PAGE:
Home |About Us |Contact us

 logo

 
                                                                                       
                                                                                                                                                         Follow us cancer Follow cancer effects on twitter.com Follow cancer effects on YouTube.com
 

Tongue Cancer Symptoms  

Cancer can strike virtually any part of the body.  It can also originate in one part of the body and then if left untreated, can spread to other parts of the body putting the person who has the disease at serious risk.  It is far easier to combat cancer and even eliminate it if it is caught in the early stages.  Cancer can strike the oral cavity and specifically the tongue.  So understanding and recognizing the key tongue cancer symptoms can be a vitally important way to identify the presence of cancer hopefully before it has developed and spread to the point where effective treatment is very difficult. 

 

Tongue cancer is a type of cancer where cancerous cells first originate and grow in the base of the tongue or the tongue itself.  It occurs more commonly in men versus women.  People who use tobacco and alcohol heavily are at greater risk for developing this disease.  It also tends to occur in men who are over 50 years of age. 

 

So in order to help identify the presence of this disease in the earliest possible stages, please note these important tongue cancer symptoms:

  • Generally the first symptom which arises is a red or white spot on the tongue. It can vary in size from very small to a medium sized spot. This spot may also appear in the lining of the mouth or gums. It may eventually develop into a firmer raised spot. If this occurs, it means that the cancer is growing. If you see this happening, see a medical professional immediately. 
  • hroat pain or difficulty in chewing or swallowing is another common symptom of tongue cancer. This symptom can also be indicative of strep throat or a sore throat. However when it occurs along with the presence of a spot or spots mentioned above, there is a good likelihood of the presence of cancer in that area. So seek proper medical attention and treatment as soon as possible.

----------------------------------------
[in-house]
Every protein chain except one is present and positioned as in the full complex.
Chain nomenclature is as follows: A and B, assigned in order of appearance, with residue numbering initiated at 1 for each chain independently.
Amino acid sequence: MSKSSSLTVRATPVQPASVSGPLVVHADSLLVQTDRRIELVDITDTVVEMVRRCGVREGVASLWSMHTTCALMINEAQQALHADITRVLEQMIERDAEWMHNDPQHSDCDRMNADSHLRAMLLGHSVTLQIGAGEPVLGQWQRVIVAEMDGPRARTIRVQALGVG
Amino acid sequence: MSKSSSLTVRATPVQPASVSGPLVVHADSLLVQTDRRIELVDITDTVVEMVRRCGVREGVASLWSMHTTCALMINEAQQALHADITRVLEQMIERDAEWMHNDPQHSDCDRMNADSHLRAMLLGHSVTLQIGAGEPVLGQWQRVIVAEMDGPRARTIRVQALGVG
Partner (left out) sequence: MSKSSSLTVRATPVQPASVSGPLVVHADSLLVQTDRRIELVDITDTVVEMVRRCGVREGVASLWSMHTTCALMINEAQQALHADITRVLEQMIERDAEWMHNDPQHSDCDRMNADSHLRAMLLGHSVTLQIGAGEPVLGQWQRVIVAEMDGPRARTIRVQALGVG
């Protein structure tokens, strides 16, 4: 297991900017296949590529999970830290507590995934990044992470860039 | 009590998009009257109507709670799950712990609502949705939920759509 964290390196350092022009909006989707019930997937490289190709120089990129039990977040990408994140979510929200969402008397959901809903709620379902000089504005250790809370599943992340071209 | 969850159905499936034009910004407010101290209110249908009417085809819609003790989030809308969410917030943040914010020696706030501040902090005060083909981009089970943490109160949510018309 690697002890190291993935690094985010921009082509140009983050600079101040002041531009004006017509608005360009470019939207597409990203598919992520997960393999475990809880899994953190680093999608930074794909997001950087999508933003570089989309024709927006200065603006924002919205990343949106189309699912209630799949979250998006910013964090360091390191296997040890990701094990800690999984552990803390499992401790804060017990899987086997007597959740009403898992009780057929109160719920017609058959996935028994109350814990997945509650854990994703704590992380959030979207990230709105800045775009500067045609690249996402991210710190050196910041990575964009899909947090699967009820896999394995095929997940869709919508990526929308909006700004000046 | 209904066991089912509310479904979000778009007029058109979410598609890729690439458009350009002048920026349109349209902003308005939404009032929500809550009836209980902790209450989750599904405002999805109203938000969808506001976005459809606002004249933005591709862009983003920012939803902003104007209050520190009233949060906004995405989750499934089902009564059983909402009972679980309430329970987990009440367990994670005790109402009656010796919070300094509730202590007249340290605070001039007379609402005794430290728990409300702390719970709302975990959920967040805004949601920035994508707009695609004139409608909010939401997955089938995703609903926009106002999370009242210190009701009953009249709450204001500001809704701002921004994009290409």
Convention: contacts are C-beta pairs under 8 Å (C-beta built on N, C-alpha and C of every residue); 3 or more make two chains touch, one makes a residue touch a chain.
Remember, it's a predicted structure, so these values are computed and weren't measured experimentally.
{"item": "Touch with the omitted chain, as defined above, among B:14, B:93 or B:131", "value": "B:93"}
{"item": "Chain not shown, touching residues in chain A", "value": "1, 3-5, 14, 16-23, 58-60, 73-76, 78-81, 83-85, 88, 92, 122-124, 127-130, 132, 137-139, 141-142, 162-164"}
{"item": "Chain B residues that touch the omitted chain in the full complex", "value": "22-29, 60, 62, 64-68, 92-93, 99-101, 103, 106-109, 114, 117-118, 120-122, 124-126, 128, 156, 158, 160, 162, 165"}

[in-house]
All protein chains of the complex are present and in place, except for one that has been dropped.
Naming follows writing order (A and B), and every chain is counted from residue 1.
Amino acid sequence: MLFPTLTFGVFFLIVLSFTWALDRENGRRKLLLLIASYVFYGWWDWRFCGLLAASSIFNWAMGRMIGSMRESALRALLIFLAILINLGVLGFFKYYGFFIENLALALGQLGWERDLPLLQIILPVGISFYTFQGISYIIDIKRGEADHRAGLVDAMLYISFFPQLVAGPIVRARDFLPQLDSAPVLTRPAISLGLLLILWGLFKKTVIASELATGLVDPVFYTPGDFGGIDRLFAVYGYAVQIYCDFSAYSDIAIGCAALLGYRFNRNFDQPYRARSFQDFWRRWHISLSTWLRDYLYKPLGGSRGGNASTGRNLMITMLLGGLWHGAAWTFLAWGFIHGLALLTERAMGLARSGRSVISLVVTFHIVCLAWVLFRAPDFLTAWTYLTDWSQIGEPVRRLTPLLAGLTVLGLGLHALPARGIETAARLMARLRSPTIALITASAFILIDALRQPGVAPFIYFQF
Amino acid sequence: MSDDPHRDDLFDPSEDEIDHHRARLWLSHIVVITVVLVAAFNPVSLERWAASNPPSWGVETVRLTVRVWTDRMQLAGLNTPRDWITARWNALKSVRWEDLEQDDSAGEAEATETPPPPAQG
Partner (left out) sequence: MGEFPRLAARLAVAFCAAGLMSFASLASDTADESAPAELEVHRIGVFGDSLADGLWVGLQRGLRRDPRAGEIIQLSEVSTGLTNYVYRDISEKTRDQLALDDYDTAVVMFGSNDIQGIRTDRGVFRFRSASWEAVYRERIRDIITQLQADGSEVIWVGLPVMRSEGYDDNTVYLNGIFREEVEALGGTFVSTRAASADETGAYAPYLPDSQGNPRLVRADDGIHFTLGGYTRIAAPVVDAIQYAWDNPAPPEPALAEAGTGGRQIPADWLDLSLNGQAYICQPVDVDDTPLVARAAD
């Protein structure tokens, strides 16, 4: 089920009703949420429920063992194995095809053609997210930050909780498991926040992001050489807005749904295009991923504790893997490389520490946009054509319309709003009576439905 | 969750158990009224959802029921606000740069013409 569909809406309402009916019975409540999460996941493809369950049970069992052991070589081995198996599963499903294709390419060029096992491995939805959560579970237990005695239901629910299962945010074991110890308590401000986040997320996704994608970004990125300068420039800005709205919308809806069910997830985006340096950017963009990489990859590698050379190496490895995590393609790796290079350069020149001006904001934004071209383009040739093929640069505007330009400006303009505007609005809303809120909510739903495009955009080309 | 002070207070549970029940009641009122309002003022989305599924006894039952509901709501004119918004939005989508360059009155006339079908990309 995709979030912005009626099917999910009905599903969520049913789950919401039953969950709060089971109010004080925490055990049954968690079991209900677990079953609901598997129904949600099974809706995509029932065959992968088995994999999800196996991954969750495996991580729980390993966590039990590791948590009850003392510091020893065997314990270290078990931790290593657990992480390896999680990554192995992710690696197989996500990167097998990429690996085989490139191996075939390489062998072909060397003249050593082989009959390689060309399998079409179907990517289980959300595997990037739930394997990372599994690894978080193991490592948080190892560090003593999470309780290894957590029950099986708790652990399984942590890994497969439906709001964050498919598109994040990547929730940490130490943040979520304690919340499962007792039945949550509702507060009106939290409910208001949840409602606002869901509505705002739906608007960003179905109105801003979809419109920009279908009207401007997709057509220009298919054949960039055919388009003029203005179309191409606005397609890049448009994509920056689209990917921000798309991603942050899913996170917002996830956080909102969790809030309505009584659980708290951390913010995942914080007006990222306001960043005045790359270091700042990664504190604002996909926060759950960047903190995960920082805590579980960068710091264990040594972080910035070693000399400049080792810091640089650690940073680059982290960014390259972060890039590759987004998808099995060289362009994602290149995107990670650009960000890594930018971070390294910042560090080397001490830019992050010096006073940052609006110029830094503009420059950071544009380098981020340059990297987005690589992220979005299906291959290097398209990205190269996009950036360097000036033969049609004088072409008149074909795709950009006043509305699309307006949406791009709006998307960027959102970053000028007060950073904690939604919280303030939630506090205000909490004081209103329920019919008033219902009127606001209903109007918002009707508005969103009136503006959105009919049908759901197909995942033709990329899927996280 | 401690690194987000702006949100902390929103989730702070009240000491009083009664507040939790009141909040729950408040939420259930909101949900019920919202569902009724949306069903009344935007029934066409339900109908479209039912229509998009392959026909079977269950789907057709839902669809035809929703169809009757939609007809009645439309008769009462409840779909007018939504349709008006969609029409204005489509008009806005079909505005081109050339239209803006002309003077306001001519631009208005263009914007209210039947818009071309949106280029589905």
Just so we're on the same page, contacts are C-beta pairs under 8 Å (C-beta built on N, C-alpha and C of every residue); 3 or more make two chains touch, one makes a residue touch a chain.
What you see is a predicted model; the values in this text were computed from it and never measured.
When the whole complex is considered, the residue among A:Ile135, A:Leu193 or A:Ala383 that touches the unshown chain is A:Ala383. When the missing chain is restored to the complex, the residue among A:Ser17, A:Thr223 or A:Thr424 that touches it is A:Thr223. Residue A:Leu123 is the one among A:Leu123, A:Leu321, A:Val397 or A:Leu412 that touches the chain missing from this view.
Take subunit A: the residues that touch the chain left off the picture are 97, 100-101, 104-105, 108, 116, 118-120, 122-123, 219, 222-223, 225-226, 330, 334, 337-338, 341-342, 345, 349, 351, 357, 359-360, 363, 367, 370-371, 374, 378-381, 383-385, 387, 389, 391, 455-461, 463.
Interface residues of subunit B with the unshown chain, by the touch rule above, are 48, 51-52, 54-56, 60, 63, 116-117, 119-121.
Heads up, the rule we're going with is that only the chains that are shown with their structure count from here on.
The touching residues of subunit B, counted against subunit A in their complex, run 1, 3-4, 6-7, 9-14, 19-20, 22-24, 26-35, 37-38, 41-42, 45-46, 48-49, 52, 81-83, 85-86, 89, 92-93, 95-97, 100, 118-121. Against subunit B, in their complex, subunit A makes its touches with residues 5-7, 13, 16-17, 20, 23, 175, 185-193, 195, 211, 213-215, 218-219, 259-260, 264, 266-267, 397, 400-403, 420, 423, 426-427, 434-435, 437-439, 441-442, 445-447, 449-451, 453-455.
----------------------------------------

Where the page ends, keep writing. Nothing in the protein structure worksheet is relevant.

• Many people who have developed tongue cancer can experience bleeding in that area. The cancer spots which develop tend to be very sensitive to wear or pressure and can burst open while chewing food or swallowing. 
  • In many cases someone who has developed tongue cancer may find that their voice changes somewhat. They may also experience an ache or pain in the middle or inner ear. 
  • And there may be a foul odor in the mouth and a bad taste due to the progression of cancer in that area. 
  • Be alert to some other tongue cancer symptoms which can include looseness in teeth for no apparent reason; persistent neck pain or jaw pain; difficulties in moving the tongue; presence of a lump in the back of the throat or on the lining of the inside of the mouth; and unusual and unexpected weight loss.

If cancer is suspected, doctors may implement a variety of tests. The first thing they would do is to perform a physical exam to look for signs of the cancer like lumps or spots. They would almost certainly perform a biopsy of the affected area to determine the presence of cancer cells. 

 

Once a proper diagnosis has been made, a treatment plan would be implemented.  The specific course of treatment may depend on the location of the cancer, its type and stage, and the overall health of the patient.  If the cancer is identified in the early stages and it remains localized, then minor surgery will usually be very effective.  However if the cancer has grown and developed into a larger tumor, more extensive surgical procedures may be warranted.  If the cancer has spread to nearby areas like the neck, treatment may include procedures to remove the cancer from lymph nodes and surrounding tissue. 

 

In some cases the surgical procedure needs to be so invasive that reconstructive surgery is necessary.  This will help the patient to regain normal functions of eating, drinking and speaking.  But as indicated earlier, staying alert to early symptoms is key to enable the best results and minimize the damage to essential parts of the body.